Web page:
With Cat and Dozan we explore the universe's past and its future. Through a chilling recollection we dive into humanity's history and what transpired at the end of the Second World War. Effectively, not through citing facts, but rather short descriptions @Aragmar paints a truly grim picture. One that explains what made humans be they way they are. Where we see what humans are truly capable of and what drives someone who has long past gone beyond his breaking point. What has been sacrificed to give us a chance. And therein, again, lies the cruel irony: all that death not to save us, not to give us security, but to give us a fighting chance. We also learn you should never try to fight a veteran from the Starshatter universe. Just....just don't.
Then for the first time we experience vulnerability through the terran kids. Arguably only through Lilly have we seen how dire things are, how terrifying it is to grow up in this universe. Because we have, for the most part, seen just the great crew of Starshatter, humans seemed almost indomitable, like there is nothing they cannot stop or deal with, we see how naive we have been. The fact that kids have to learn the basics of combat from an early age is simultaneously inspiring and tragic. Inspiring for the indomitable spirit the human race exhibits, that none will roll over and die, none will simply give up as that is the greatest sin they can commit, whatever it takes to insure that they can not only survive but also have a life worth living. And yet, with all their technology and ingenuity, no parent can guarantee the safety or future of their kid, can ensure they have a peaceful childhood. All they can do is give them a fighting chance. That is something that truly shook me because here, on our Earth...I am not so sure and that terrifies me. Who would not wage war to secure the future of their children, to try and destroy those those who would come for them? There are those who would try to convince you that the children are not the future and are not worth it. @Aragmar swipes away this ridiculous notion and shows you that the children are the only future. That they are the light at the end of the tunnel. And the cruelty that life has offered them makes it all the more tragic. But fair or not, this is the life children are presented with, they will not complain but only try to help in whatever way they can. Tragic and at the same time inspirational figures, the children of Starshatter should be something we all aspire to be.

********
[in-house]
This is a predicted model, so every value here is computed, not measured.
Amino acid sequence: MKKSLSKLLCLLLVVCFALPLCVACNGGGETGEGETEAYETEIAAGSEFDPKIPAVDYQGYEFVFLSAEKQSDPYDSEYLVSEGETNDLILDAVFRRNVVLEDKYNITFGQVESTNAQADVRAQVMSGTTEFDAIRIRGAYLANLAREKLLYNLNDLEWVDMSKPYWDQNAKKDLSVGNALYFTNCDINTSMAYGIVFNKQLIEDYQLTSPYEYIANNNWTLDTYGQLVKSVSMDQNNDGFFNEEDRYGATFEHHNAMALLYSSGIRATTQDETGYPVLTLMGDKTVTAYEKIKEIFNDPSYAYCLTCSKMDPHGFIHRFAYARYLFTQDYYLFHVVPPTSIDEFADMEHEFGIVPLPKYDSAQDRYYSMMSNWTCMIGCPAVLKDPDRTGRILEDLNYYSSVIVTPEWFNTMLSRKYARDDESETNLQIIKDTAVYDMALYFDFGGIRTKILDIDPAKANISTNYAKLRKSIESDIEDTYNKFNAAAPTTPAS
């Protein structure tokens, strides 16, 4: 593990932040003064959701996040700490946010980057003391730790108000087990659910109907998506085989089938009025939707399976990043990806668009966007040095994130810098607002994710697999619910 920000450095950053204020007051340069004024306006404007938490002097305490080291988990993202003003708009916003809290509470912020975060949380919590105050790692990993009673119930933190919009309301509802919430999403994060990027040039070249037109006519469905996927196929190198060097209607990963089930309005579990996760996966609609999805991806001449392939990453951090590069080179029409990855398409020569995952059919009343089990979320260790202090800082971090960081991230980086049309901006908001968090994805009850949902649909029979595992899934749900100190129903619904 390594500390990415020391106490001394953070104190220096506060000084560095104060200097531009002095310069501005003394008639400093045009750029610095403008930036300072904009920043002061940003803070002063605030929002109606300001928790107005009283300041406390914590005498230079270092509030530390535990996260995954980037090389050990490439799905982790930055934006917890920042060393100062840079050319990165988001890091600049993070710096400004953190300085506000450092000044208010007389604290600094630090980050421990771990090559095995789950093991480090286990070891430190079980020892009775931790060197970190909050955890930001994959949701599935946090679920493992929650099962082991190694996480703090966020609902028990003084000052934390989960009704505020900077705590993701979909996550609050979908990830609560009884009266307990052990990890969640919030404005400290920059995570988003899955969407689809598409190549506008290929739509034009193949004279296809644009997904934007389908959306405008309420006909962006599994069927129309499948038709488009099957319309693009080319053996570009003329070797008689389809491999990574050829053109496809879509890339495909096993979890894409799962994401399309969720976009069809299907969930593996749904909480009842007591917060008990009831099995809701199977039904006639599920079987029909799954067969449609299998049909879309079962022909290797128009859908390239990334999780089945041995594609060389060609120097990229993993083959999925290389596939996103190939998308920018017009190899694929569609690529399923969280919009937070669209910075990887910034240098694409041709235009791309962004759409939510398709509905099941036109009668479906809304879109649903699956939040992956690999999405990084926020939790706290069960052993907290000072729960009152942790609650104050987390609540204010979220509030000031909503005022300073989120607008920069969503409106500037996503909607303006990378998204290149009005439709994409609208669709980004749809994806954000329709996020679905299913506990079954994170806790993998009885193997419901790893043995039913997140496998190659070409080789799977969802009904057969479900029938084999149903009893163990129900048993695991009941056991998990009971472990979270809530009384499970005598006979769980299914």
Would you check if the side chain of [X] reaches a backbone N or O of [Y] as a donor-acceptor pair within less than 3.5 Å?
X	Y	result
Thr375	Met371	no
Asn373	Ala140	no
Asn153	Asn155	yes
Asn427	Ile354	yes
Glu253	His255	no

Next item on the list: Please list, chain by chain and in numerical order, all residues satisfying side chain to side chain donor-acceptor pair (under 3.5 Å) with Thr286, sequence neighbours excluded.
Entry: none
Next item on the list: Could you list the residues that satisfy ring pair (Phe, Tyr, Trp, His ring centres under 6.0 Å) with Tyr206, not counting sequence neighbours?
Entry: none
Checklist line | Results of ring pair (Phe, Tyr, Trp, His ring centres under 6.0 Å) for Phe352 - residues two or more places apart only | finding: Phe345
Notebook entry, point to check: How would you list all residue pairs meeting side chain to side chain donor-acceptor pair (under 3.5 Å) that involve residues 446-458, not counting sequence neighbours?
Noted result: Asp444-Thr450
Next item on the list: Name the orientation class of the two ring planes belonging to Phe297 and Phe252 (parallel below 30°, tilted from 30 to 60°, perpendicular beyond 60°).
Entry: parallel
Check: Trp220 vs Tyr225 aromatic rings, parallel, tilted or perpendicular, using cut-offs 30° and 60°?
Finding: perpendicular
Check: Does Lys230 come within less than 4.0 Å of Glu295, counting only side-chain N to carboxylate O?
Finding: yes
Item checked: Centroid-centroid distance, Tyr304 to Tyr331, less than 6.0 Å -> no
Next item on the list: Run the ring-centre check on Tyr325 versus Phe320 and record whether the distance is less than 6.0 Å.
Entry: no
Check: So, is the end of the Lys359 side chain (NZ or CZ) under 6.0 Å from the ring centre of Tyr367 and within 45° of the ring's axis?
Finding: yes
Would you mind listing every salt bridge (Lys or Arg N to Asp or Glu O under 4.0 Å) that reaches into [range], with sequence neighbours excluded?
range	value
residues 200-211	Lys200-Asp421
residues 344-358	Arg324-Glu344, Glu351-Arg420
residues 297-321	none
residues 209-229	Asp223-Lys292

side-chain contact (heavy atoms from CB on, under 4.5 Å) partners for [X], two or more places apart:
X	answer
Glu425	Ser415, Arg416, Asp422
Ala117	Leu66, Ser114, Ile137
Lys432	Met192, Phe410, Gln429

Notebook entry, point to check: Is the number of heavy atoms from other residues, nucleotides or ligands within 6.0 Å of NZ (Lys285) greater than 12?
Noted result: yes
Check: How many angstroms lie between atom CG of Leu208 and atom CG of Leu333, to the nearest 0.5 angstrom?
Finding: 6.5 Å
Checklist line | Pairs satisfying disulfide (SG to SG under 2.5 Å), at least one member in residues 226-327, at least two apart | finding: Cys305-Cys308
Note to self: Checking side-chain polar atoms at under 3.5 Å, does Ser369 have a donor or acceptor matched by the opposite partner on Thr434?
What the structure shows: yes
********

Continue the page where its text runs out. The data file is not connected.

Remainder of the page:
Then we have the absolute pleasure to witness the second round between Anit'za and Omasa and it is nothing like anything we have experienced so far. The scales exponentially grow as we no longer deal with squads but armies. And it has everything you would expect from a Starshatter battle: great combat scenes and smart tactical moves blended perfectly with descriptions of the weapons of war. Through each character we get to experience a different theatre of war. From the fight for space superiority, through vehicle combat to foot soldiers and infiltration units. And somehow, in the middle of all this, @Aragmar finds a way to smoothly highlight our heroes: Lilly's further spiral into depression, Anit'za's brilliance, Brynjar's complicated simplicity, Awesome's absurdity, Alric's grim determination and Vasilisa's dedication. It is all there and I don't want to spoil it but I have to talk about one particular chapter. I dare not say which it is, but I believe you will know the one. After I read it, I couldn't help but jump from my seat and walk around the house while yelling like a madman. For me this is the highlight when it comes to battles so far. A truly breathtaking, intense clash that encapsulates one of the many reasons I truly love this series. And everything ends with the true clash that John Williams should've been composing music about. Try as I might I cannot give the combat justice, I can only gush about how great it is while trying not to spoil it. Sadly everything ends on a bit of a cliffhanger, nothing drastic that would drive you crazy but it does make you want to go and pester @Aragmar to see when the next book will come out.
And here I am, dear reader, sitting in the mess hall of Starshatter, enjoying Anit'za's great cooking and waiting for the crew to reach their destination. Anxious and yet hopeful that I will see these characters that I have grown to love again. For that is rare and whenever it happens I always cherish it. I hope you have as well. There is plenty of room aboard.